European Commission: Letters of Formal Notice on the Implementation of the Telecoms Package

IRIS 2011-8:1/9

Christina Angelopoulos

Institute for Information Law (IViR), University of Amsterdam

On 19 July 2011 the European Commission sent requests for information in the form of letters of formal notice, the first step in the process of an EU infringement procedure, to 20 EU member states. The member states in question, namely Austria, Belgium, Bulgaria, Cyprus, the Czech Republic, France, Germany, Greece, Hungary, Italy, Latvia, Lithuania, Luxembourg, the Netherlands, Poland, Portugal, Romania, Slovakia, Slovenia and Spain, have not yet notified to the Commission measures to implement the new EU Telecoms Package, formally adopted after two years of heated negotiations at the end of 2009 (for more information see IRIS 2008-10/3, IRIS 2009-1/5, IRIS 2009-6/6 and IRIS 2010-1/7).

Timely implementation of the package of new directives is a priority for the Digital Agenda for Europe. Although the deadline for implementation was 25 May 2011, to date only seven states (Denmark, Estonia, Finland, Ireland, Malta, Sweden and the UK) have notified the Commission that they have transposed the directives into national law in full. It should be noted that legislative processes are ongoing in all EU member states and a majority of states have informed the Commission of at least some implementation measures.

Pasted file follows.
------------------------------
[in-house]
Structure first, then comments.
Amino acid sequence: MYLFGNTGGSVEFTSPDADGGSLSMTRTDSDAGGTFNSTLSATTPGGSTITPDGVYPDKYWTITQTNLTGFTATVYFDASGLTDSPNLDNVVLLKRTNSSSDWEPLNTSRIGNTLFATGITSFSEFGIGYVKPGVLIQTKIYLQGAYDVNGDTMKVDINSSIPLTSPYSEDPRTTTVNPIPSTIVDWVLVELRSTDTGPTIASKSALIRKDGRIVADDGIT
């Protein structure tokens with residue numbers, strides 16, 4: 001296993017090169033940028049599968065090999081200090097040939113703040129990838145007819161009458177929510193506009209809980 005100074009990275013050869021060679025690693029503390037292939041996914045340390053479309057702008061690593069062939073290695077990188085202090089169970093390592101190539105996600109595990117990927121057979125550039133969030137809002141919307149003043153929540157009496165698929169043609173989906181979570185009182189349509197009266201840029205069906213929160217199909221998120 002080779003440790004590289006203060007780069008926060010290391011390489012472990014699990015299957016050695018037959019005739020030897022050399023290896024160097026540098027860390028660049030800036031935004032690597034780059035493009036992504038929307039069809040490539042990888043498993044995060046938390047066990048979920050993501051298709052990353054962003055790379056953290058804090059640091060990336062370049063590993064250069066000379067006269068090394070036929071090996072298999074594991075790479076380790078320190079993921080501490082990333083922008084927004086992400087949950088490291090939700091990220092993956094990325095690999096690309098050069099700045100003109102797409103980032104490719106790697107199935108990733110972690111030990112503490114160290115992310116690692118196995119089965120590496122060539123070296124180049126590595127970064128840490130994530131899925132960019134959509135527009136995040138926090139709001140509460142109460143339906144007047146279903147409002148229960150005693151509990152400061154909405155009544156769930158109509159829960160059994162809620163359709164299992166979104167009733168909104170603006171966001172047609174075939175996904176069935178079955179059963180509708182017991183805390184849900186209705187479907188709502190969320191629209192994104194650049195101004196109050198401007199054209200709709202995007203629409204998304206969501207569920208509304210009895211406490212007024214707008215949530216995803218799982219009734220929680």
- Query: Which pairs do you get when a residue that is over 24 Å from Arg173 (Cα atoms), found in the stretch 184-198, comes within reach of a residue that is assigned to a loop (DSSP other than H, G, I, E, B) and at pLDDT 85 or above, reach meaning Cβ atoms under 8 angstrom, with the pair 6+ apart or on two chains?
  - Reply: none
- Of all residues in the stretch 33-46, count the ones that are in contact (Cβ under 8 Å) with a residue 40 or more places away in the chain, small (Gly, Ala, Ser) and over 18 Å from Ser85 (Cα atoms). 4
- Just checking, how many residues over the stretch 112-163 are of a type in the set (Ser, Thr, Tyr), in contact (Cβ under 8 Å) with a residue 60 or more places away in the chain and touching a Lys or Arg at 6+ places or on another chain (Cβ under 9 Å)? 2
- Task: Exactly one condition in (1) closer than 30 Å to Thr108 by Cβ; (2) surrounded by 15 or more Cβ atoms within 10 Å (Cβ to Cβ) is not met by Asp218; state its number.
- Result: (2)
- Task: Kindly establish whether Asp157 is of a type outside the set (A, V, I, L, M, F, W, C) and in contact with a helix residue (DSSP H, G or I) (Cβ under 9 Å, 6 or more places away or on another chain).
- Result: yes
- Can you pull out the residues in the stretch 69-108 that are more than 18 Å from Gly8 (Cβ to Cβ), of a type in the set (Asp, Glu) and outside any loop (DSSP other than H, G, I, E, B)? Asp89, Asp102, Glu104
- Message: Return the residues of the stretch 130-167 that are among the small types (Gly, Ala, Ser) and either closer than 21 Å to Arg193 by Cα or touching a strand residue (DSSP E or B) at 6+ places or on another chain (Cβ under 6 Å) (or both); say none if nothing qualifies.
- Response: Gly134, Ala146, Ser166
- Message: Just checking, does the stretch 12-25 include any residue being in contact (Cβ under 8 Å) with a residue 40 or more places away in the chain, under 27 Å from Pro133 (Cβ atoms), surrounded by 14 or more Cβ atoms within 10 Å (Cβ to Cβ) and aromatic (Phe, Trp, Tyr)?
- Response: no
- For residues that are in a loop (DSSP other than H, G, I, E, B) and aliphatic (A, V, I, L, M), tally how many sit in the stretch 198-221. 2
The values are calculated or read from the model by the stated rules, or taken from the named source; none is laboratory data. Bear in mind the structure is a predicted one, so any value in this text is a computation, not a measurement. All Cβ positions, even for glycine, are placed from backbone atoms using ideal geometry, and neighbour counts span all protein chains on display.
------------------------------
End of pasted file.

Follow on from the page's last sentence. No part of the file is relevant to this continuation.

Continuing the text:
The 20 member states have two months to respond to the letters of formal notice. Failure to respond or an unsatisfactory reply will trigger a formal request to implement the legislation, in the form of a reasoned opinion under the EU infringement procedures and, ultimately, a referral to the Court of Justice.

It should be noted that the European Data Protection Supervisor (EDPS), the EU’s own privacy watchdog, has criticised the Commission for offering inconsistent guidance on how member states should implement the new rules. In a speech on 7 July 2011, Peter Hustinx pointed out the development of a self-regulatory framework by the advertising community and US-style “do not track” measures, both of which have been encouraged by Digital Agenda Commission Neelie Kroes, are not consistent with the requirements of the e-Privacy Directive, which is part of the Telecoms bundle.


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This article has been published in IRIS Legal Observations of the European Audiovisual Observatory.